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Dearth Of Data Hinders Diversity In Philanthropy

d5 logo sqMuch of the conversation on data tends toward technology. But tech doesn’t happen without people. From there, a still wider view is needed since the most robust attack on global, complex social problems requires a diverse corps of folks who have not only technical, but cultural competence. In that light, diversity, equity and inclusion are more than the expected, outward-facing ethical components of our work, but also internal measures for social sector organizations.  From large foundations to multiple private sector examples to the halls of government, they have been pitched as mission-critical components. Kelly Brown, CEO of D5 Coalition, takes a look at diversity, equity and inclusion in the social sector.

As philanthropists, we are dedicated to promoting the common good. The D5 Coalition believes that advancing diversity, equity, and inclusion (DEI) is critical to living up to that value. Greater diversity within our organizations provides a multitude of perspectives, and achieves greater equity in our grantmaking—so that we can provide opportunities for everyone to succeed.

Amidst a rapidly changing demographic landscape—such as an expanding Latino population, record numbers of women graduating from college and increasing numbers of people living with disabilities—we must ask ourselves: is philanthropy and is the social sector at large staying ahead of these trends and living up to their ideals?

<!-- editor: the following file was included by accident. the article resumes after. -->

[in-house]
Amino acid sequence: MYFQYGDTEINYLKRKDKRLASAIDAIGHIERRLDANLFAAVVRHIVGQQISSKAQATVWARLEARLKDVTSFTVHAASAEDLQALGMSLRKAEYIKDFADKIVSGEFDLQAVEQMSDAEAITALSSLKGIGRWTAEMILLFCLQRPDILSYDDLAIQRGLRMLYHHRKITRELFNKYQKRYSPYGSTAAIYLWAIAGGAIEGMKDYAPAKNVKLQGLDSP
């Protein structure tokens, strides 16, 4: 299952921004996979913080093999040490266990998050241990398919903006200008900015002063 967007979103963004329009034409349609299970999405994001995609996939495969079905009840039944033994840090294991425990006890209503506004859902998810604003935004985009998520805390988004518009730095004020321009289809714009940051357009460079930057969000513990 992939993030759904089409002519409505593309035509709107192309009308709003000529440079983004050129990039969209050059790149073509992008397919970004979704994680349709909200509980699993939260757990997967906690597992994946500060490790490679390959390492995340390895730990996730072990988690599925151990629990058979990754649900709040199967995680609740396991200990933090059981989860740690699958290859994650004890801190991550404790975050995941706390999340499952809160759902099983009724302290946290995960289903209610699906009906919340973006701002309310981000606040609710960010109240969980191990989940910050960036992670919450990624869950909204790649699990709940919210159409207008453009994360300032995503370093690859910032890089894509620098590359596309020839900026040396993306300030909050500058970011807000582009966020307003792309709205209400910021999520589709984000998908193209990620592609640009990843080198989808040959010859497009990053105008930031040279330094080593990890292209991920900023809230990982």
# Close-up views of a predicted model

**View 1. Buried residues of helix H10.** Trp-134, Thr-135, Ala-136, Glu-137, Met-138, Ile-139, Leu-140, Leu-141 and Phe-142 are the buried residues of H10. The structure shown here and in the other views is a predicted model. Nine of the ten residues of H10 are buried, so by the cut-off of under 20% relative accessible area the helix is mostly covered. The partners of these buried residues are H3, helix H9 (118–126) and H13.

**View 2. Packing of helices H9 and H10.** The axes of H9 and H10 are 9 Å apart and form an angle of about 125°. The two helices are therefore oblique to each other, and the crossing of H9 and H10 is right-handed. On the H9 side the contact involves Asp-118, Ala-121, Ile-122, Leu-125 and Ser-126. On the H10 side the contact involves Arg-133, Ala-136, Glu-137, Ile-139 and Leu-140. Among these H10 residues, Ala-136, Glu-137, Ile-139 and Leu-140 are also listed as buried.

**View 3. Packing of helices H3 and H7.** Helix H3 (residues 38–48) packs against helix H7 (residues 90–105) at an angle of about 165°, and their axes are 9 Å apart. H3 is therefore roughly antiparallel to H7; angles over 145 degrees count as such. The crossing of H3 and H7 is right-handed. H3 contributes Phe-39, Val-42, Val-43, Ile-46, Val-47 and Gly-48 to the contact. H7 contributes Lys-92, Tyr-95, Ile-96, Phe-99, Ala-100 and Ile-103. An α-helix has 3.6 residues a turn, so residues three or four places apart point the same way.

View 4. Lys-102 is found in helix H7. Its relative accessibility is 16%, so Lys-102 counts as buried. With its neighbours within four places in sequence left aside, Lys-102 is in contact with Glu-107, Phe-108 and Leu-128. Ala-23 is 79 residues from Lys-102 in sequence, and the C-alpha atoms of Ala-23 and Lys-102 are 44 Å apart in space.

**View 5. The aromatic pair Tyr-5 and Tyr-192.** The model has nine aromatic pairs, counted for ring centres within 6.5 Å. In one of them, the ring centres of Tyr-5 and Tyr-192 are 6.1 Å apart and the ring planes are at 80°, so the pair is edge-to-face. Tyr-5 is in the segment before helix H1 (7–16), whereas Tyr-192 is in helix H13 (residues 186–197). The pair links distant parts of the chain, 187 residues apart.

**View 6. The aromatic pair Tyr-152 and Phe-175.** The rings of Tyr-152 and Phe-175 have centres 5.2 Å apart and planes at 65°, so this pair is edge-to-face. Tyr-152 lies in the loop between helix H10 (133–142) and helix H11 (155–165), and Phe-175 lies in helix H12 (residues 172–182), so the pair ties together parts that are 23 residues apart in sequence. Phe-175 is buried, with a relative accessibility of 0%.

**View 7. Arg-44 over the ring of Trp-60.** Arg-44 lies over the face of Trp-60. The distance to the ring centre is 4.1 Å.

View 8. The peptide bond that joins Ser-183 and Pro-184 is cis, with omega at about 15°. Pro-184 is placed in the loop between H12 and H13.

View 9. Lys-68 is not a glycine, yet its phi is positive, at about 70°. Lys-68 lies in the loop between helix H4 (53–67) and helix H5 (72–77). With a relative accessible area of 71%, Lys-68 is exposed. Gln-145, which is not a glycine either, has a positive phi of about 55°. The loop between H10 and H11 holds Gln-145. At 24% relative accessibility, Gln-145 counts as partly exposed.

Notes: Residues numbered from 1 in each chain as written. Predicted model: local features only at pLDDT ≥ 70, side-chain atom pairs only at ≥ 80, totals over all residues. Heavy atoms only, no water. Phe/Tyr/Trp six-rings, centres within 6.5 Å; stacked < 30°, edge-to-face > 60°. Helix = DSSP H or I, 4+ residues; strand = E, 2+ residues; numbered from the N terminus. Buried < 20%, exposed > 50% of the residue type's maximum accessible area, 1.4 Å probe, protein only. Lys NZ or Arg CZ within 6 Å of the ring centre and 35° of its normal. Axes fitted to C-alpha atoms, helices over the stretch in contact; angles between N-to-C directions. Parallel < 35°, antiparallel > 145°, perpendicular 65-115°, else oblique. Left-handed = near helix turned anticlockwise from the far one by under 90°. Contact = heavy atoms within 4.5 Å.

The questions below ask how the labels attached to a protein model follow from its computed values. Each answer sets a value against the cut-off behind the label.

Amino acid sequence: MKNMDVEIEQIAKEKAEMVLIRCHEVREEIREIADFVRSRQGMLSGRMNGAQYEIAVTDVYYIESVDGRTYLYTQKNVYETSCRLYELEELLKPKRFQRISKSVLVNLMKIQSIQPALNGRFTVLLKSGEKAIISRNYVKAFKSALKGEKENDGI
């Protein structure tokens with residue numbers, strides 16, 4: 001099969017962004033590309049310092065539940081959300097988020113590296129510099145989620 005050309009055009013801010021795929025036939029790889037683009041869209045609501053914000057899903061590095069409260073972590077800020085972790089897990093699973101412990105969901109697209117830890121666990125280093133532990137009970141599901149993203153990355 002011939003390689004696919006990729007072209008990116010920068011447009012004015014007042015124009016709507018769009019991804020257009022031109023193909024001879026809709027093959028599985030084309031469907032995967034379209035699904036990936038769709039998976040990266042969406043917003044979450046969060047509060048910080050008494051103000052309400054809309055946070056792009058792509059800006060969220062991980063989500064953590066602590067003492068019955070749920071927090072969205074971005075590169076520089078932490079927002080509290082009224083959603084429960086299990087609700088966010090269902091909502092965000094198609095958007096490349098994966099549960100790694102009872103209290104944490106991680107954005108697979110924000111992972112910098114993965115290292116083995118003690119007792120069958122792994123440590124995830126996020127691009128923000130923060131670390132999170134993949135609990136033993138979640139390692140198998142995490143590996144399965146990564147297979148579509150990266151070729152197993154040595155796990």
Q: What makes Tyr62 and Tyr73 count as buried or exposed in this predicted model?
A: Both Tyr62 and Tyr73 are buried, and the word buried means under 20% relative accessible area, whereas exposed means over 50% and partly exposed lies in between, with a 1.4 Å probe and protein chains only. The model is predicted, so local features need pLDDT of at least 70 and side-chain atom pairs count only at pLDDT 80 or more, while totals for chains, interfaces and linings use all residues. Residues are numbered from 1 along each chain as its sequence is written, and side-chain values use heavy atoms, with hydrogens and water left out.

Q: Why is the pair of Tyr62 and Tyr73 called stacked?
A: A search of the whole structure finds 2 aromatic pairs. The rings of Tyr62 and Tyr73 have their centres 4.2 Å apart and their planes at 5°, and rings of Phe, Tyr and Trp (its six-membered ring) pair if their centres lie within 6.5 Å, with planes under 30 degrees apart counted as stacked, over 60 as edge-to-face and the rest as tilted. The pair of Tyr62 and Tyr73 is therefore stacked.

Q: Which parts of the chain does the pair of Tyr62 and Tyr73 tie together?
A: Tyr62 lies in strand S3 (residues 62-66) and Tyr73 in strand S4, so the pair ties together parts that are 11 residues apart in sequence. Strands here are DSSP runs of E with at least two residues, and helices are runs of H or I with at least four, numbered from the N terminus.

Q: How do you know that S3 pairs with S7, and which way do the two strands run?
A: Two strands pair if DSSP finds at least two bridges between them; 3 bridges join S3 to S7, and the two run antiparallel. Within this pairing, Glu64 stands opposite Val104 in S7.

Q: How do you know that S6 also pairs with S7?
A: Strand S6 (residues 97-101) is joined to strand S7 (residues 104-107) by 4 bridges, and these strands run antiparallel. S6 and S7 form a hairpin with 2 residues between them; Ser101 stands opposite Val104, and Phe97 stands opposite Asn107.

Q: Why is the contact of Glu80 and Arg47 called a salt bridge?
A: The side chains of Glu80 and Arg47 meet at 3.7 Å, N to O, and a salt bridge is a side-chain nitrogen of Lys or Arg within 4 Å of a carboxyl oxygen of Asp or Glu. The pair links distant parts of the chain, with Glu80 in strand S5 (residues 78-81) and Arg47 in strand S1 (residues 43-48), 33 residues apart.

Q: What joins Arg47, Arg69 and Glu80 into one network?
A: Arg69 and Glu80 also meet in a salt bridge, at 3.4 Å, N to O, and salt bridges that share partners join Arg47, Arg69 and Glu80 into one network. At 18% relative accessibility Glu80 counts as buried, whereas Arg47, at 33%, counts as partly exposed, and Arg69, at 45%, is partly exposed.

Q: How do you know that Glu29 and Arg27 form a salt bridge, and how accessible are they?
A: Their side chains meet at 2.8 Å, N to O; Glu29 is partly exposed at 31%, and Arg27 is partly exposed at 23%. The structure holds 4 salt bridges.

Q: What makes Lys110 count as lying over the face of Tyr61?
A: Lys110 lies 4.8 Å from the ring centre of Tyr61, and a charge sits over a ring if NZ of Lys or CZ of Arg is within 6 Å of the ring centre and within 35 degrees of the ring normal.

Unfortunately, the answer is “we don’t know.” Answering this question requires reliable and integrated data—data about who within foundations are making decisions, and about what organizations and causes are benefitting from grantmaking. This data can help us understand who foundations are impacting, and how and who needs more help.

But when it comes to data, many foundations are silos—they track data about DEI differently, or not at all. And they share data differently, or not at all. Despite the mountains of data that foundations do collect, philanthropy still cannot speak reliably about its impact.

In addition, nonprofits operate in their own silos, and while they are increasingly charged with collecting and sharing data on their own impact, often at the request of foundations, the data about whom they serve and how is often unclear or incomplete. Strengthening the data collection capacity of the social sector is critical, and this must be done in concert with the range of partners that are using and analyzing this data.

Much more needs to be done, particularly to address the dearth of systematic data around equity-focused investments. Without addressing the silos in terms of how both philanthropy and nonprofits perceive and determine whom they are benefiting, we won’t have a good understanding of whether we are closing gaps in opportunity. Understanding who we are serving is as important as capturing the issue focus of a grant, be it education or health or workforce development or arts and culture, since those issues manifest in different communities very differently.

So what do we do about it? We have to establish a uniform data collection and reporting approach, and encourage the whole field to use it. We have to clarify who will use the data and how, and we have to identify the most effective and least burdensome ways to collect and share data. Until we do these things, we won’t know our true impact, and we won’t know if we’re doing all that’s possible to promote the common good.

D5’s ongoing work around data collection is one important step toward a common system of accountability. Attempts to develop and design such a system are being piloted and tested right now and can help provide the most current data with minimal effort. We are continuing to urge foundations to improve data collection, and share success stories as models for the field. And we are facilitating conversations with a range of partners to gather ideas about how philanthropy can take advantage of the opportunities that data presents.

While advancing DEI may seem self-evident in promoting the common good, it is the cold, hard data that will make the best case for it.